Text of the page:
This post is also available in: Italian

  • Montecarotto by Giuliano Betti

Montecarotto is a fine medieval village in the Marche region, located on a slope at about 380 meters above sea level from where you can see the Adriatic Sea with the town of Jesi on one side, and the Umbro-Marchigiano (Umbrian-Marche) Appennine mountains on the other.

It is part of the Trabocco Park, a luxuritant nature area thanks to the numerous small streams, and is part of the Castelli di Jesi (Castles of Jesi).

There is not much news of ancient history, it can be said that this has long been a border area between the Umbrians and Piceni and in the 4th century BC the whole area had been conquered by the Senoni Gauls. Around 300 BC the Romans conquered the whole area and established a colony in nearby Jesi, which was also an important customs center along the Salaria Gallica road that connected Via Salaria with Via Flaminia.

After the first wave of Ostrogoths, this area of ​​the Marche was reconquered by the Eastern Roman Empire and became an exarchate of Byzantium. People began to leave the valleys and take refuge in fortresses or monasteries on the heights and, at the same time, the Catholic church established a diocese with a bishop in Jesi in 680.

The area then passed under the rule of the Lombards who came into conflict with the papacy until the pope allied himself with the Franks who came down to Italy conquering the territories and donating a part to the pope, including this area of ​​the Marche.

Memories of the Lombards are found above all in the name of the districts and in the worship of saints particularly dear to them.

But the history of this part of the Marche is surprising because in 1194 the great Frederick II of Swabia, Stupor Mundis, was born in Jesi in a tent in the square and Jesi became the ‘royal city’ and the centre of a small republic that also included Montecarotto .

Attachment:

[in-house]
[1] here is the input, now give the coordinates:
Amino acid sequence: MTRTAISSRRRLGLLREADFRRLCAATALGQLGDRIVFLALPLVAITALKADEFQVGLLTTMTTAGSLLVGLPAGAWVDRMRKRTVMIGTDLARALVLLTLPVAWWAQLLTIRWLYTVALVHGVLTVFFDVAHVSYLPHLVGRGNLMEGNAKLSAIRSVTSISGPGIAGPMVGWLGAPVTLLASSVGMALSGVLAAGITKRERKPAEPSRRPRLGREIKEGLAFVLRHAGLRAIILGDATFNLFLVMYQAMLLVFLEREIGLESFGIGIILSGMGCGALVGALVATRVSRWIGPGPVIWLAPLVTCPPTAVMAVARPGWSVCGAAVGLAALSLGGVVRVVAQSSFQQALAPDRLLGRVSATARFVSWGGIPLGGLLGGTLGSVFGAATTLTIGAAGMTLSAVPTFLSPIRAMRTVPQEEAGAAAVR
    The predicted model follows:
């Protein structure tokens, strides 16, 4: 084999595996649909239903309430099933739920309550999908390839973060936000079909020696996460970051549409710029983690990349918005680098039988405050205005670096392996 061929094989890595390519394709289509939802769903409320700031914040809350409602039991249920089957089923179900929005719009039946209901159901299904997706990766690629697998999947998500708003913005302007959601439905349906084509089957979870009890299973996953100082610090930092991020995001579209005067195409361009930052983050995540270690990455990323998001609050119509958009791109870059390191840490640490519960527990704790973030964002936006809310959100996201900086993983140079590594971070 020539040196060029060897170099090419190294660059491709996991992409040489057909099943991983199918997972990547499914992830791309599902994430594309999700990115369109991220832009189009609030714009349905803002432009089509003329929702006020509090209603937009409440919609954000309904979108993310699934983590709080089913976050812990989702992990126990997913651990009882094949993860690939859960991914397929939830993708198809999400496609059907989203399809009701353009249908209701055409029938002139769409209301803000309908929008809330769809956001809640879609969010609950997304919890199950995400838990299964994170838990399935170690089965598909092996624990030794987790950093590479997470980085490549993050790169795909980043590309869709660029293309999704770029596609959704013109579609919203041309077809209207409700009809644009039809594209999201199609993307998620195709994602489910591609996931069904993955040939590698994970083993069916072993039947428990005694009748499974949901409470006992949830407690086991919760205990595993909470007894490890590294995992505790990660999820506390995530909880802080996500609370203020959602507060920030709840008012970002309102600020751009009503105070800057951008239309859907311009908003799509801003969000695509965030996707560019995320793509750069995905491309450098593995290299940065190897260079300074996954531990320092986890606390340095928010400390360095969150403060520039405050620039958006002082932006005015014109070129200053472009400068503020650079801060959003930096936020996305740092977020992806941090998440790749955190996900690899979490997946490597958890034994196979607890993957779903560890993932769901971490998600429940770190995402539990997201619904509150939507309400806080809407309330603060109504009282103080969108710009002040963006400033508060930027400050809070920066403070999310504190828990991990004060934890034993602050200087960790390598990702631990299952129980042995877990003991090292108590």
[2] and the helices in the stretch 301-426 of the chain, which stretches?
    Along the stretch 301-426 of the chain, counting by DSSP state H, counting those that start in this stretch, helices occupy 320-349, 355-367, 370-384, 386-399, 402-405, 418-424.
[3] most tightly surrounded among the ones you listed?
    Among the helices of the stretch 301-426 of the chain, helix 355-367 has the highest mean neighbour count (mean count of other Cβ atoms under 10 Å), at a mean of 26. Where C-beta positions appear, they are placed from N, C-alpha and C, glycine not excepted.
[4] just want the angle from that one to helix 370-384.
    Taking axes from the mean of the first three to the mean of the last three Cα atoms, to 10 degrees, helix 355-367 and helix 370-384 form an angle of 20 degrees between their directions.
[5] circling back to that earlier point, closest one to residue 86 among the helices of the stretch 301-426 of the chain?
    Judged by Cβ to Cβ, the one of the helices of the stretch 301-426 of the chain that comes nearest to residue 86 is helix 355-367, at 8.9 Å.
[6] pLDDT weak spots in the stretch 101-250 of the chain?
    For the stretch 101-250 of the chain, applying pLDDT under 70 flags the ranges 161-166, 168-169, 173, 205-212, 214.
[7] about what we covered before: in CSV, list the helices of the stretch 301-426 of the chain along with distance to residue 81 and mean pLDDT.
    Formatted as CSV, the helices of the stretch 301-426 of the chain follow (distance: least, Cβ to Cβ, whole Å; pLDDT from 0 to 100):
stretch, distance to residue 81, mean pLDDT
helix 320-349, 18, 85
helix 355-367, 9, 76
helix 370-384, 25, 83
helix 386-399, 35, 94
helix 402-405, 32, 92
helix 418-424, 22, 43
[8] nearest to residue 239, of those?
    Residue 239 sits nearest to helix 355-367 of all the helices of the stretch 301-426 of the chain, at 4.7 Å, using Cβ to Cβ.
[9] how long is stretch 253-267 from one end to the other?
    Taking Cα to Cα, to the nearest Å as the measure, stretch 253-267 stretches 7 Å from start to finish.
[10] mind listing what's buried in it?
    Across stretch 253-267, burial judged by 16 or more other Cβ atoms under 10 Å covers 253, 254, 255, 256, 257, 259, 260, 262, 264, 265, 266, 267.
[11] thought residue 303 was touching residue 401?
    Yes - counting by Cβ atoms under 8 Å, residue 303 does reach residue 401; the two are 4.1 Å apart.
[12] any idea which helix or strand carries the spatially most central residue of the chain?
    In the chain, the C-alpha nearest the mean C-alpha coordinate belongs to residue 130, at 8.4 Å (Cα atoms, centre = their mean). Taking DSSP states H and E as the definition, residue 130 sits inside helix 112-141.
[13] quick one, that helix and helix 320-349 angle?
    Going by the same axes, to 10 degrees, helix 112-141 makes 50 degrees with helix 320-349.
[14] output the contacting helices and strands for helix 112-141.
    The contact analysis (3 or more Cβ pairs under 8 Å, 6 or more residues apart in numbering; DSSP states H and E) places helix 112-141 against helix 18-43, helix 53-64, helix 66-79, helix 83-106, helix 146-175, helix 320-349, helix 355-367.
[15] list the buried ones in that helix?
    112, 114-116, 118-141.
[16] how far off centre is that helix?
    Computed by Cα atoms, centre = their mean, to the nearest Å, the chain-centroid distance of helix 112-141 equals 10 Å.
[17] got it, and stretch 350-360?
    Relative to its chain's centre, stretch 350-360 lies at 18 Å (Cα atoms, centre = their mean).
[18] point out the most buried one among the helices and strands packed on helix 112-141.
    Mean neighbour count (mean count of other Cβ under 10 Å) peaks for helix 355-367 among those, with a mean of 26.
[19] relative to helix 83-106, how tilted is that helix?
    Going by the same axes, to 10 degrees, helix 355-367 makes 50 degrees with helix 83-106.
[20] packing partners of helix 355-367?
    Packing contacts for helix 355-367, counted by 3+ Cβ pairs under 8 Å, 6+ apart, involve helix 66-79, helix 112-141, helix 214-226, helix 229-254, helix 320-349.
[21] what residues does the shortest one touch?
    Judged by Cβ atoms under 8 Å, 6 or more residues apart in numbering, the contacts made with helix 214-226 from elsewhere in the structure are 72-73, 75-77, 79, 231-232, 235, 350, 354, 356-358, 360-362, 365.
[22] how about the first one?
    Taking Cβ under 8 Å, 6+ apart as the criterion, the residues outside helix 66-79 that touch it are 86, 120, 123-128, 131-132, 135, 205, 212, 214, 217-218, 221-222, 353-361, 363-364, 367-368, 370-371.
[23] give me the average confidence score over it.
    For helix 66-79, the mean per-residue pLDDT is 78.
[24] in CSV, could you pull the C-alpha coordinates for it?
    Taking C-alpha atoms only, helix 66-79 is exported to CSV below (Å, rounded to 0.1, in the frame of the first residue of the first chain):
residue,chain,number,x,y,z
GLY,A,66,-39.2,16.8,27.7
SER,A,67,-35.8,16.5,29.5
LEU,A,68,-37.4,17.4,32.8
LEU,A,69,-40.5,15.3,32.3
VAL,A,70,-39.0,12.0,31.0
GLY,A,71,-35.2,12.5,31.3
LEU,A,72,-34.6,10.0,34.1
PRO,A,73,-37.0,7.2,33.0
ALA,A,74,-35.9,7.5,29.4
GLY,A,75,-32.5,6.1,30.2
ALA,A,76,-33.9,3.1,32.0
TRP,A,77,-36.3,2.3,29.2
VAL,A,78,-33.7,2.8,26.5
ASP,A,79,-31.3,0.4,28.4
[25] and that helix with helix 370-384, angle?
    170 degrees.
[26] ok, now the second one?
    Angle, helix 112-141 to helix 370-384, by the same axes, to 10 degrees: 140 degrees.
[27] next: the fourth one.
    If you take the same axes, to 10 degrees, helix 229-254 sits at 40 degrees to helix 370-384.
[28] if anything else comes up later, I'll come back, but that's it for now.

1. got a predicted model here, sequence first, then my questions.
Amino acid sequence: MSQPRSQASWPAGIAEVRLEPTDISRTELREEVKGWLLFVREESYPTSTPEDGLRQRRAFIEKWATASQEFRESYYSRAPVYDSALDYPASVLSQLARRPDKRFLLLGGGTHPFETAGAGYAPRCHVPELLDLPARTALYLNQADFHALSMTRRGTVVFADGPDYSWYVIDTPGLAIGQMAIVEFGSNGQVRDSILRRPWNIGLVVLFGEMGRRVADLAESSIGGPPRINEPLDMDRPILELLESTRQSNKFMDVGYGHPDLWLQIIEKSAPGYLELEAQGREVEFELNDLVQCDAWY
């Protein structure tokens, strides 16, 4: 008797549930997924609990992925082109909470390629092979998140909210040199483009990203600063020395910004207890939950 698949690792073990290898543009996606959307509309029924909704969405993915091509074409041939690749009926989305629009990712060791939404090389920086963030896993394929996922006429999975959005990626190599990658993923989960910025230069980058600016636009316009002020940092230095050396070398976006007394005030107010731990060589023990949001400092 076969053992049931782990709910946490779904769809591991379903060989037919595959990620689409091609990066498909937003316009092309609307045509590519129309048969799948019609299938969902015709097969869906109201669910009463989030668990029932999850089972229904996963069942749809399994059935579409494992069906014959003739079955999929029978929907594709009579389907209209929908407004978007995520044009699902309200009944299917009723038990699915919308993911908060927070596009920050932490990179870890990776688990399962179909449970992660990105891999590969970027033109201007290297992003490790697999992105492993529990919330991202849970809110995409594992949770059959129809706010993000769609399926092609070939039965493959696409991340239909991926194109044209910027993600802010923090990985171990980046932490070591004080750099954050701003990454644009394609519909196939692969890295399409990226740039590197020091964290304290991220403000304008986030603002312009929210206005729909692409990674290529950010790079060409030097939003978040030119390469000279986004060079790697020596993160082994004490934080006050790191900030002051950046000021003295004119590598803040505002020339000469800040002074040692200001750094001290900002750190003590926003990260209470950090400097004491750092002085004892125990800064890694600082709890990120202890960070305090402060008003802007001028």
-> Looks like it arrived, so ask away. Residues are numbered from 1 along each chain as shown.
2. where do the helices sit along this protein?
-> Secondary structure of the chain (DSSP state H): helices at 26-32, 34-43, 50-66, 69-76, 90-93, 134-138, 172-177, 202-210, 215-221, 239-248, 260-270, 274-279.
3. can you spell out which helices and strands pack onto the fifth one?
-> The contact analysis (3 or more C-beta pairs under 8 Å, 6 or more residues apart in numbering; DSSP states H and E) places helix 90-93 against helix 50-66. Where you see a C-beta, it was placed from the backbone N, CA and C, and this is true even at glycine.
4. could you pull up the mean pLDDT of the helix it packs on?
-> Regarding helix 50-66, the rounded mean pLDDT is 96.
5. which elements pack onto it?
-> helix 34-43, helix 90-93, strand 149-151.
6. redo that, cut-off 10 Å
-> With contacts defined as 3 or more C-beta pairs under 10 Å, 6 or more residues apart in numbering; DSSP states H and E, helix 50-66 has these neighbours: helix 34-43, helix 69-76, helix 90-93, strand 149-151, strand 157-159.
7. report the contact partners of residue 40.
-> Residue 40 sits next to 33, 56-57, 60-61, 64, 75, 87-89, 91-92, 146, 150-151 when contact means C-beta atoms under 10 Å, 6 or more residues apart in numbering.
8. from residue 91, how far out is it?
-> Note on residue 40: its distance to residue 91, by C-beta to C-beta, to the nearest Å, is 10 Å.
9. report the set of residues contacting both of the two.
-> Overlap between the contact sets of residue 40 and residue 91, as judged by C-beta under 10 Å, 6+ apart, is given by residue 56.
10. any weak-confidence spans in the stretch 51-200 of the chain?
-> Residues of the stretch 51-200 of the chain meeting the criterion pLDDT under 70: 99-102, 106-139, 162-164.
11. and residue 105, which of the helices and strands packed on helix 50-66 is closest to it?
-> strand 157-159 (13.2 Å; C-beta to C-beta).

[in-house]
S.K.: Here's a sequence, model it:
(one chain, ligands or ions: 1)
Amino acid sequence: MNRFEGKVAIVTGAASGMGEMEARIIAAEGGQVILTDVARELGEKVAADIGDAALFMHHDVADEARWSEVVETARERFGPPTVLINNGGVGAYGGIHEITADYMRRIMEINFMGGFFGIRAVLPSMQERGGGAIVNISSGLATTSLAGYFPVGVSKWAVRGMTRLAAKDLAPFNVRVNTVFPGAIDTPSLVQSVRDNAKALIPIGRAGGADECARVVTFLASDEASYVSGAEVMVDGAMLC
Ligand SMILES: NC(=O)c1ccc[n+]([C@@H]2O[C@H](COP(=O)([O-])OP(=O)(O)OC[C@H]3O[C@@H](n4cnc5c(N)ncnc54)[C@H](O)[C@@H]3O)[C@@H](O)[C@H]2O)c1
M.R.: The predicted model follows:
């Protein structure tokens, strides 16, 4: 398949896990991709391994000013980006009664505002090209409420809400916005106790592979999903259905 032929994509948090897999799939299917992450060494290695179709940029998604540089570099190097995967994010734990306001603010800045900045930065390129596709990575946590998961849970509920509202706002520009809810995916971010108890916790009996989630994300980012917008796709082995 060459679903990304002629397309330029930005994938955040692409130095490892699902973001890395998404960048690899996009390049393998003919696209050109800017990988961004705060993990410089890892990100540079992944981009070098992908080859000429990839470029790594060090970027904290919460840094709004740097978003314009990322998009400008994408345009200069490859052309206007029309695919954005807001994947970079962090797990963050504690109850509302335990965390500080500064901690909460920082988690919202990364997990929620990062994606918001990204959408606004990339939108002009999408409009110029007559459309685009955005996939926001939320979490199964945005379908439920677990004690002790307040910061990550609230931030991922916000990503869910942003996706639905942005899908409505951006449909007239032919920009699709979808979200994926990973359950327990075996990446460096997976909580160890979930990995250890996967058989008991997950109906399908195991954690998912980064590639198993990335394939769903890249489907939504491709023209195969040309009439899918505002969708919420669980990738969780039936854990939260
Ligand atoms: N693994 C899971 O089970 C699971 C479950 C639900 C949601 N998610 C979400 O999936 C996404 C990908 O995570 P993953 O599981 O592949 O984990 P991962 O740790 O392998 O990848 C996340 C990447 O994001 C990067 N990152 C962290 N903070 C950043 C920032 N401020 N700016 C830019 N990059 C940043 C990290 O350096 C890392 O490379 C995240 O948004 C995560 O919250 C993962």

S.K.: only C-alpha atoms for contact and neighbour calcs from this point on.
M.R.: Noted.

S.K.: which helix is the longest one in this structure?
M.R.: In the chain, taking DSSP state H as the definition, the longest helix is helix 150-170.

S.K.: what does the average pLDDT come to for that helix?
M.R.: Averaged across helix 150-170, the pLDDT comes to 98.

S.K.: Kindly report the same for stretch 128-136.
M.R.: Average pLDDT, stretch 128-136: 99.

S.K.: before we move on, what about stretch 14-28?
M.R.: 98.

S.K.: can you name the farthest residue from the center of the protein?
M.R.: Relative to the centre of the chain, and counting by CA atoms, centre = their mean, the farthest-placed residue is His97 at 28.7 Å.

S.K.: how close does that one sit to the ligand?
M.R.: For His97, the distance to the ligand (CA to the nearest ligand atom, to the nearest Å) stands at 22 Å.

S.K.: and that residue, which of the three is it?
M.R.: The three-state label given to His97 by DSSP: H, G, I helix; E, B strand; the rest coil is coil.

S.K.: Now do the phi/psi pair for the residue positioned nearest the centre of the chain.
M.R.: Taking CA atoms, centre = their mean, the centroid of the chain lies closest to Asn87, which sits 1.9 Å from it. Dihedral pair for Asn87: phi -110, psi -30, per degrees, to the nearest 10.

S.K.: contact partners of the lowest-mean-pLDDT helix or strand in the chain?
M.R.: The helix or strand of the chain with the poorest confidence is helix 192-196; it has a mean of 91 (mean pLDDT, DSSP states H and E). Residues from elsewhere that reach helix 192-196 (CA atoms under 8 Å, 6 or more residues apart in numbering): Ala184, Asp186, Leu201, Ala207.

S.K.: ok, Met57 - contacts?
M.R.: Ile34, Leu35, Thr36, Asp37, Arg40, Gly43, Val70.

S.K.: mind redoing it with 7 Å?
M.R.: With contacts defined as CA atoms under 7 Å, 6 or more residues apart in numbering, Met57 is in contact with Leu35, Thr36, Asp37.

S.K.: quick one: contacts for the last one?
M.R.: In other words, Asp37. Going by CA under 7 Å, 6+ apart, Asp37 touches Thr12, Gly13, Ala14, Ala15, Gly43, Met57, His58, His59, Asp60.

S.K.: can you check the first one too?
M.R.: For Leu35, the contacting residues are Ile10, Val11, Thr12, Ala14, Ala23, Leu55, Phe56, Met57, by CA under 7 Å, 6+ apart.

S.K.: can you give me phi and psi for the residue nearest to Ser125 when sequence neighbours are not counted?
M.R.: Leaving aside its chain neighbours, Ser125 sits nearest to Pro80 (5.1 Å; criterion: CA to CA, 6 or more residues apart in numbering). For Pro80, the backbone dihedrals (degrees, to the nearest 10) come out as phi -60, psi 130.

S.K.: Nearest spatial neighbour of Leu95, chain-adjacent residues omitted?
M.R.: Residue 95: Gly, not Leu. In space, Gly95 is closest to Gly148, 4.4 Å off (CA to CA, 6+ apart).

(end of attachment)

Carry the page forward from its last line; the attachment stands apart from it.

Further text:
Emperor Frederick II had granted Jesi special privileges that remained even after the decline of the Swabians, when the whole area returned to be under the control of the papacy. And it was King Enzo himself, son of Frederick II, who donated Montecarotto to Jesi.

After overcoming plagues and earthquakes, in the fifteenth century Montecarotto had a period of splendour and displayed one of the main churches and castles of Jesi. Its walls were designed by Albertino Giacomo da Cremona in 1509 and the churches were enriched with works of art.

Its patron saint became San Placido and San Floriano, the patron saint of the state of Jesi was venerated. The state became a small republic and in the seventeenth century Montecarotto had a new period of splendour with noble palaces, the collegiate church and other churches such as the Madonna delle Grazie and the Madonna del Popolo.

Jesi and its Castles survived, with some compromises with the church, until Napoleon and the French army arrived. The French elected Montecarotto as capital of the Metauro district.

One of the more recent activities to be related is the construction of the theatre, a real jewel created in 1861 thanks to a bequest by Alessandro Baldoni.

The name of the town derives from an ancient fortress which was destroyed and on whose remains the main church of the town was built.

Montecarotto is part of the towns of Verdicchio, one of the best known Italian white wine areas all over the world.


DiscoverPlaces

Traveller's Guide to Italy

Top